What Causes Traffic Jams?

What Causes Traffic Jams?

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By Natalie Josef September 25th 2012

Traffic jam

Where I live, in the San Francisco Bay Area, traffic jams are as common as the fog. A few weeks ago, I drove up to Sebastopol from San Francisco and before I knew it, my leisurely drive had turned into stop-and-go traffic. The traffic was so bad, I had to turn around to head back to the city before I had reached my destination so I wouldn’t be late for another appointment.

When I turned back and started heading the other way, suddenly I was in traffic again. I had seen the roadway on my way up and there had been no traffic—none at all—and now it was crawling along. And just when I was about to seriously freak out, we were moving again.

Long story short, I missed my first appointment and nearly missed my second, all because of phantom traffic jams that seemed to pop up and then dissipate like they had never happened.

What actually causes traffic jams? How do they seemingly materialize like paradoxical oases? Why do they suddenly clear up? What’s going on?

Why Traffic Jams Happen

How can things be moving along at one minute and then suddenly stop the next? This has always perplexed me. It’s the same reason I don’t understand floods. Why doesn’t the water just keep moving? Why don’t the cars just go?

Obviously, an accident can cause a traffic jam. And merges due to construction make sense, too. If you had four lanes and then suddenly only have two, of course traffic will build up.

But what about the traffic that seems to appear out of nowhere?

According to Craig Davis, a physicist at the University of Michigan, the cause of much traffic is selfishness of drivers. According to him, "It's the science of complexity. In large group dynamics, special things happen because each individual is trying to maximize their own benefit."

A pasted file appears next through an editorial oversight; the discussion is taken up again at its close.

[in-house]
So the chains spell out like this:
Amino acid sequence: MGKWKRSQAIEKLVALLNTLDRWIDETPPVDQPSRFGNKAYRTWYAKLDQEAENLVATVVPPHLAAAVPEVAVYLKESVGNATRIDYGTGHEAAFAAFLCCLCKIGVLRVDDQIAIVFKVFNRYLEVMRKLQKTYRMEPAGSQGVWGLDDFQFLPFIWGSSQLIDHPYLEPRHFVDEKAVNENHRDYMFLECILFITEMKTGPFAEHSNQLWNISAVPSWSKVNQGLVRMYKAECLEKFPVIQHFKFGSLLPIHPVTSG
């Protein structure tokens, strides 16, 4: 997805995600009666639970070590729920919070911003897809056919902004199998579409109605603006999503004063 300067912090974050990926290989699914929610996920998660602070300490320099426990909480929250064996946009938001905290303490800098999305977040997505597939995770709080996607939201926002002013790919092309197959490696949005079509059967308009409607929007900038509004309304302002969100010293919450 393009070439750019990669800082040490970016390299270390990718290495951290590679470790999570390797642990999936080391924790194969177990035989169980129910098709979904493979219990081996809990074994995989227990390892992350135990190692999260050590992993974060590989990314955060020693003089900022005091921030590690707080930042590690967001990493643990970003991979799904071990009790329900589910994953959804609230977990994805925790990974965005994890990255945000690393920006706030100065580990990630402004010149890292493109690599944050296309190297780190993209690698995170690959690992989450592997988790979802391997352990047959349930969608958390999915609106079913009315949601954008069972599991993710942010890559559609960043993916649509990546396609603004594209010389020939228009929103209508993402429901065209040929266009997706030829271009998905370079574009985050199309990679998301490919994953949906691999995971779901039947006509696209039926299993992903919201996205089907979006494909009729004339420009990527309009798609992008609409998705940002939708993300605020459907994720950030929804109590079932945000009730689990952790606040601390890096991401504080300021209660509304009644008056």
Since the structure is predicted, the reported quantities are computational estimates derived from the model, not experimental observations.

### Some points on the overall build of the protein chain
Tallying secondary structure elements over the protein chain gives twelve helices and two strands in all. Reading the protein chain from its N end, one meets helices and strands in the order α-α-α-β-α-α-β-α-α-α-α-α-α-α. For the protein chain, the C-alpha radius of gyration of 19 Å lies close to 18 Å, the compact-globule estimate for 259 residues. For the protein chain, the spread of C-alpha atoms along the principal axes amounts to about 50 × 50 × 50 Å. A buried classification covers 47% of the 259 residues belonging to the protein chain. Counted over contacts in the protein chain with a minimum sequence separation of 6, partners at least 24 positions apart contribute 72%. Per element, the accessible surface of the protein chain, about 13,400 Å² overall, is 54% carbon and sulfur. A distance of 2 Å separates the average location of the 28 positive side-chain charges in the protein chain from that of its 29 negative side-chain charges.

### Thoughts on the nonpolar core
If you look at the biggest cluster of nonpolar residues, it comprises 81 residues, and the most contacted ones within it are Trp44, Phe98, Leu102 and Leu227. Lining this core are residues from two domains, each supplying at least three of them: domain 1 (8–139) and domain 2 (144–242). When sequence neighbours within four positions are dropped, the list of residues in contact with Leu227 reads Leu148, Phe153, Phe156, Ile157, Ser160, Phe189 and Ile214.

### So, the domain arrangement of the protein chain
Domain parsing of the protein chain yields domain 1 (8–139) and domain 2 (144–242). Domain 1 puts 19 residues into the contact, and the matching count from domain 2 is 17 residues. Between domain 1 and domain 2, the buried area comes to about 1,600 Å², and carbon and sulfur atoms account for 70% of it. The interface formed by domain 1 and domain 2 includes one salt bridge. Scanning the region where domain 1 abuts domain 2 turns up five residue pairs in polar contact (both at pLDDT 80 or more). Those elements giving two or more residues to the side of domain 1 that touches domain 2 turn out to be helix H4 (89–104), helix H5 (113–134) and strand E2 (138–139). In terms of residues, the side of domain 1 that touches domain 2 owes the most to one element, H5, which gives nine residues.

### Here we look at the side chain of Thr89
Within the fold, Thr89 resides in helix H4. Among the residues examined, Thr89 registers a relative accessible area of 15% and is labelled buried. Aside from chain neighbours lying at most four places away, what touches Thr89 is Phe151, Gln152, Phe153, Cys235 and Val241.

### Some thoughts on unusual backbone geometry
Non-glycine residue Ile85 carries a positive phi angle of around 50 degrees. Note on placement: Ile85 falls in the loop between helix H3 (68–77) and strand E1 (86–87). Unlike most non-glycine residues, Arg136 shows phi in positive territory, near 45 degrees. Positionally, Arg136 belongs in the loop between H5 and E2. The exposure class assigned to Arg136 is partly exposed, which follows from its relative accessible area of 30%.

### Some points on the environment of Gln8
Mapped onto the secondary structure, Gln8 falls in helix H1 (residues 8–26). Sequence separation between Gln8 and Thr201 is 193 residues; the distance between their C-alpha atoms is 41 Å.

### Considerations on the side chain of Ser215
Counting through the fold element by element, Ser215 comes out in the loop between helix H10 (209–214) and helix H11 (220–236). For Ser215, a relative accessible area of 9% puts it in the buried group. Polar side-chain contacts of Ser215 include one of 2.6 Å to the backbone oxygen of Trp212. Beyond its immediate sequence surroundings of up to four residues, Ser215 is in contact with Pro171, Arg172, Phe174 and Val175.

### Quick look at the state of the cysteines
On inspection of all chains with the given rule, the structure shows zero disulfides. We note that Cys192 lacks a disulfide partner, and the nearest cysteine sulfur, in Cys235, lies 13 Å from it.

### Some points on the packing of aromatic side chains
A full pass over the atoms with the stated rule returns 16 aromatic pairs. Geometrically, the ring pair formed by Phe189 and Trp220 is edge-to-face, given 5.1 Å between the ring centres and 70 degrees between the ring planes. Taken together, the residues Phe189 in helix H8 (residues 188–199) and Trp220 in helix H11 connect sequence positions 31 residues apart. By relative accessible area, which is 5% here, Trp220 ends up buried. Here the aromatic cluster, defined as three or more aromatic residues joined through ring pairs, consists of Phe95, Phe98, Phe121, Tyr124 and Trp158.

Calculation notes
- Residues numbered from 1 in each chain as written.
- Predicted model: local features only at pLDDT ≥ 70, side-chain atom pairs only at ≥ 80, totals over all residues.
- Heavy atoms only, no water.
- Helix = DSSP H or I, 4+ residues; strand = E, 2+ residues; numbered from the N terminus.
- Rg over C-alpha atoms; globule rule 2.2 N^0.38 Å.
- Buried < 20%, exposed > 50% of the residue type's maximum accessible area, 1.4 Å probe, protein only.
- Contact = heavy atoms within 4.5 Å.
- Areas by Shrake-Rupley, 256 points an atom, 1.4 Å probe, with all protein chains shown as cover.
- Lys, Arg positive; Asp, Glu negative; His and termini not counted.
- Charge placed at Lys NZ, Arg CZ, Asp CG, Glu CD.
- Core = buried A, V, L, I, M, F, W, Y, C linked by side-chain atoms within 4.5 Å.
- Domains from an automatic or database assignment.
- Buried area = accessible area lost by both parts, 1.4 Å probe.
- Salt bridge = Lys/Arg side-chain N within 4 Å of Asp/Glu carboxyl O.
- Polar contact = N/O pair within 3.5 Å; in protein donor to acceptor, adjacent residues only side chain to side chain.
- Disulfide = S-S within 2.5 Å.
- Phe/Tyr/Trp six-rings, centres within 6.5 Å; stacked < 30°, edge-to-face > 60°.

Davis, who has done research on how to decongest roadways, explains that tunnel vision and delayed reactions of drivers contribute greatly to bringing traffic to a screeching halt.

Let’s say you are driving along when suddenly, a bright red sports car darts in and out of your lane, wanting to pass another car that is moving too slowly for his taste. This makes you hit the brakes, which makes the driver behind you hit her brakes, and the driver behind her, and so on.

Now people are a little ticked and begin to move into other lanes, which had been moving along fine. But because of the new merges, these other lanes now slow down. This process repeats itself over and over until the entire highway has been affected. If the traffic was already dense, things may come to a complete stop. People may exit to avoid the problem and create traffic in town. It’s the proverbial snowball barreling down the hill.

And that guy in the red sports car? He’s probably already at home watching the news of the horrible traffic jam, never imagining his one action led to the gridlock.

Of course, this may all happen without the guy in the sports car. People who tailgate can begin the slam-the-brakes domino effect when they overreact to an event in front of them. It takes people about 3/4 of a second to hit the brakes—using a cell phone makes the response time even slower, which of course, can also make things worse.

The bottom line—it’s the butterfly effect. One little change can cause everything to change.


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